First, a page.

Bicycle Racing News and Opinion,
August 30, 2016
Bicycle Racing News and Opinion,
Wednesday, August 30, 2016
We must believe in free will, we have no choice. - Isaac Bashevis Singer
Recently completed racing:
- August 16 - August 19: Tour du Limousin
- August 19: Arnhem-Veenendaal Classic
- August 21: EuroEyes Cyclassics (was Vattenfall Cyclassics)
- August 28: Bretagne Classic, GP Ouest France-Plouay
Current Racing :
- August 20 - Sept 11: Vuelta a España (all stage profiles posted)
- August 31 - September 4: Tour des Fjords
Vuelta a España Stage 10 rest day news
Tinkoff sent me two releases. Here's the first, a summary of the first week's racing:
Typically, not one for building gradually into the difficulties, the Vuelta a España has thrown a bit of everything at the riders in the first week of the race, including a team time trial, sprint finishes and mountain-top arrivals. Tinkoff can look back on a week of mixed fortunes, having lost Robert Kiserlovski to a crash on stage 5, but with GC leader, Alberto Contador’s chances still intact.
The race got underway with the habitual team effort, allowing the fans to be introduced to the riders while the first leaders’ jerseys are also decided. The stage was an early opportunity for some gaps in the GC and with a ninth place finish, losing 52-seconds to some GC rivals, the team had mixed feelings on the result.
There was little time to look back on the evening stage as the peloton was back in action the following morning with the first road stage, a rare opportunity for a bunch sprint. The goal for the team was to just stay safe, looking ahead to the tough uphill finish on day three. The third stage saw a brutally steep final ascent up the Mirador de Ézaro, with ramps of up to 30%. By the line Alberto had again conceded some time to his GC rivals, but he showed strong fighting spirit and realised that he’s still building into the race, with a long way to Madrid.
“It wasn’t a good day overall but as I said before, the Vuelta is far from over and the time differences still aren’t very big,” Alberto told us after the stage. “I am not satisfied, but I feel that my form will improve in the coming days.”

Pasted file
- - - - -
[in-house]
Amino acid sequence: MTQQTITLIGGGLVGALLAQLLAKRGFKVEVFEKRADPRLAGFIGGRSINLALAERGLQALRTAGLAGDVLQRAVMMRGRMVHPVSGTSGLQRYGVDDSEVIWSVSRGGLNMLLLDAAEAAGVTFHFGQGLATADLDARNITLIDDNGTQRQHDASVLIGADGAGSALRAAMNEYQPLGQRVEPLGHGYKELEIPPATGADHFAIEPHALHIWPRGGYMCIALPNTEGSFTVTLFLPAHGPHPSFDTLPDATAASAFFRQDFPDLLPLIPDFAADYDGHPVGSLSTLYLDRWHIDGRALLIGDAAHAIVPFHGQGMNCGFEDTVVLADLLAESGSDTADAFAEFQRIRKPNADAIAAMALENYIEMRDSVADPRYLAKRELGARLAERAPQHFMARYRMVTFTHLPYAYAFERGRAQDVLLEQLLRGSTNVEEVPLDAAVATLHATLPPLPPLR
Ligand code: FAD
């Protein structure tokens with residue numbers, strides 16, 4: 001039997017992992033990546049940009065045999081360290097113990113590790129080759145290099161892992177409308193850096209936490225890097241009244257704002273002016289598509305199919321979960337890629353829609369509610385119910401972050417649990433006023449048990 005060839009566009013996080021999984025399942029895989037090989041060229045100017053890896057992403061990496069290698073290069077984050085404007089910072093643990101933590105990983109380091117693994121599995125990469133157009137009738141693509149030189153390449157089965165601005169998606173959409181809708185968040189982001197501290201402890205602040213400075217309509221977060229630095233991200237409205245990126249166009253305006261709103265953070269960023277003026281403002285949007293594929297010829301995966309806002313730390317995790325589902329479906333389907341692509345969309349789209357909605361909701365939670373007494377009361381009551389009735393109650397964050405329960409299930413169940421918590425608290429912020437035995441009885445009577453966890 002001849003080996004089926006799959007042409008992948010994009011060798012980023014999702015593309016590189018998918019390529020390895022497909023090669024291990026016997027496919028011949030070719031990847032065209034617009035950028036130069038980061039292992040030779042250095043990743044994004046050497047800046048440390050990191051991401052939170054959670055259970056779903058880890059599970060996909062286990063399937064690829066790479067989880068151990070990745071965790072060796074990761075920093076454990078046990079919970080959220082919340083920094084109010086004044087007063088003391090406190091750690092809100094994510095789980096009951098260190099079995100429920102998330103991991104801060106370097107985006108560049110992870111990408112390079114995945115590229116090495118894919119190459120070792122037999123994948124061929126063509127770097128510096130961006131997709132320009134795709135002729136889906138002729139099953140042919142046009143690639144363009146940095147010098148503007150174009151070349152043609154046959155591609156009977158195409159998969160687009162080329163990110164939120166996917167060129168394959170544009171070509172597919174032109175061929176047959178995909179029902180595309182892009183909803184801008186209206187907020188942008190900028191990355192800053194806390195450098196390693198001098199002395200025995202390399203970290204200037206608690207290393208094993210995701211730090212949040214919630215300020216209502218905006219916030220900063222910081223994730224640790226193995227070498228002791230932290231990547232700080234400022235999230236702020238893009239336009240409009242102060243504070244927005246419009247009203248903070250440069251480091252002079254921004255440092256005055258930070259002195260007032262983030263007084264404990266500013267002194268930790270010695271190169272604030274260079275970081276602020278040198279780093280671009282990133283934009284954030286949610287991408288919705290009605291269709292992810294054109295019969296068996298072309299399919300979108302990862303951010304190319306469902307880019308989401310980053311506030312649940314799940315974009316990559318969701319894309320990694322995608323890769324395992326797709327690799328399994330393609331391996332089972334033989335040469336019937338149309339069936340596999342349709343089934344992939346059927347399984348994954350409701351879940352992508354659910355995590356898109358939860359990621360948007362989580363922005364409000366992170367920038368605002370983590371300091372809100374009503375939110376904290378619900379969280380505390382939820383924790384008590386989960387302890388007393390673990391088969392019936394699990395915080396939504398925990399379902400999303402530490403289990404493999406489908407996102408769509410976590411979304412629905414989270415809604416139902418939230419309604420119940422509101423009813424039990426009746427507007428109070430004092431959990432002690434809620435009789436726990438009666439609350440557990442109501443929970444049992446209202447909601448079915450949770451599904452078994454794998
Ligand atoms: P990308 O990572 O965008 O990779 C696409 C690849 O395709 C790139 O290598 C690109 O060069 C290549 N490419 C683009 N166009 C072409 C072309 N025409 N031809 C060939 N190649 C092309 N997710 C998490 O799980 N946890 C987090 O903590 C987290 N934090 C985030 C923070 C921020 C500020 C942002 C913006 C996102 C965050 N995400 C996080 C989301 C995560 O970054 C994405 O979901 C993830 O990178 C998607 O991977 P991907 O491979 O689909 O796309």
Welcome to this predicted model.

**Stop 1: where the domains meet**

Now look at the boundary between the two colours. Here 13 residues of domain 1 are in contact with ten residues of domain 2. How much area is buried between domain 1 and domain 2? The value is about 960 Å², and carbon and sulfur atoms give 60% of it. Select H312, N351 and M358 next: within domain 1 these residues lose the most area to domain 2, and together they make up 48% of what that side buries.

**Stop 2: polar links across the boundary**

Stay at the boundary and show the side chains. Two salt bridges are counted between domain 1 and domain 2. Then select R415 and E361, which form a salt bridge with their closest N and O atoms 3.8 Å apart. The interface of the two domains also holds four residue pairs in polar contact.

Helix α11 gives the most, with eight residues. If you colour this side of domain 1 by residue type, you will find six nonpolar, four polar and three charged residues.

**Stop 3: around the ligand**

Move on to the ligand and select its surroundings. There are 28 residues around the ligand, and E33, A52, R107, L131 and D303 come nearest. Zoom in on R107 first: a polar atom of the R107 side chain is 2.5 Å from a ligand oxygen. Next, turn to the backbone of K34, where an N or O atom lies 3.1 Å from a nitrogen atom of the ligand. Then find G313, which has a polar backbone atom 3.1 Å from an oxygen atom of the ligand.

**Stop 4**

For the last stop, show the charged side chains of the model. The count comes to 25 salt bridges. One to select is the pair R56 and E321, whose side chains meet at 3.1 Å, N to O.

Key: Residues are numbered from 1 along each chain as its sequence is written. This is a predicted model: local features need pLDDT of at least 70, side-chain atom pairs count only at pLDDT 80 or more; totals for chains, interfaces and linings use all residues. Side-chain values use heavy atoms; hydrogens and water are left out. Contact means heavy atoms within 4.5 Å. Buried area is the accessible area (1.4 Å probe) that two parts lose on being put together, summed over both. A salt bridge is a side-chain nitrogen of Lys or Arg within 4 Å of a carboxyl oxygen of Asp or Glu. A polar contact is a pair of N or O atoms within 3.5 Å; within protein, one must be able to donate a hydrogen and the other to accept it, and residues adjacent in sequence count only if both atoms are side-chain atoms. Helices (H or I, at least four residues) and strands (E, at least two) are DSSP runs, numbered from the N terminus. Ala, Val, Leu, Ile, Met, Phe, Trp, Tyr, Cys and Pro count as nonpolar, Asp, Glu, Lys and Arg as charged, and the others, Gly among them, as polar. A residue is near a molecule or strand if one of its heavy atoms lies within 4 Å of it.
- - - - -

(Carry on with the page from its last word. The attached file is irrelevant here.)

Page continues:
Stage 4 featured another uphill finish, but with gradients less punishing as the previous day. The early breakaway took the stage honours, while behind the GC battle raged on, with several riders unable to follow the fast pace set on the climb. Alberto looked strong and rode within himself to finish the stage in the lead group and reassert some control on the race.
The following day saw the team lose its first rider from the race, as Robert Kiserlovski crashed hard in a large pile-up in the final 600m of a hectic sprint finish. No broken bones, but pain in his sacral-lumbar vertebrae meant Robert would return home to rest and recover. The race roared on though, and the following day turned into more of a GC fight than expected, on what looked like a straight forward transition stage – you can never take a stage of the Vuelta for granted!
“It was another very hot and, actually, a hard day today,” Sport Director Steven De Jongh said after the finish. “They were racing full gas all day, but the boys did a good job – at the dangerous point they were in front which is what we asked of them. The break was strong and several other teams had interest in going for the stage win so there was never a dull moment.”
The bad luck continued on stage 7 as Alberto suffered a heavy crash in the final 500m of the race. Having been well positioned coming into the technical finale by his teammates, he gave Daniele Bennati the green light to press on for the sprint. As Daniele powered on ahead to take second on the stage, Alberto slid out on a late left hand corner, coming down on his left side. Fortunately, there was nothing broken, however, with three tough mountain tests in the days ahead it presented Alberto with a tough test.
A bandaged Alberto Contador
“I took a big hit on my calf and my quad, and in general I have extensive superficial wounds on the entire left side of my body It hurts a lot but it seems that there’s nothing broken,” explained Alberto after the stage.
Stage 8 saw a strong comeback on the first of three uphill finishes in three days by the Tinkoff leader as he finishes second of the GC favourites atop La Camperona – showing true fighting spirit, and moving up to seventh on GC in doing so.
Looking back at the race, Alberto said: "There is no doubt today's result is important for my morale. It is also important for the morale of the staff and my teammates that work their fingers to the bone for me. After yesterday's crash thousands of thoughts were in my head but I didn't want to think I would again go back home, even if it was a possibility."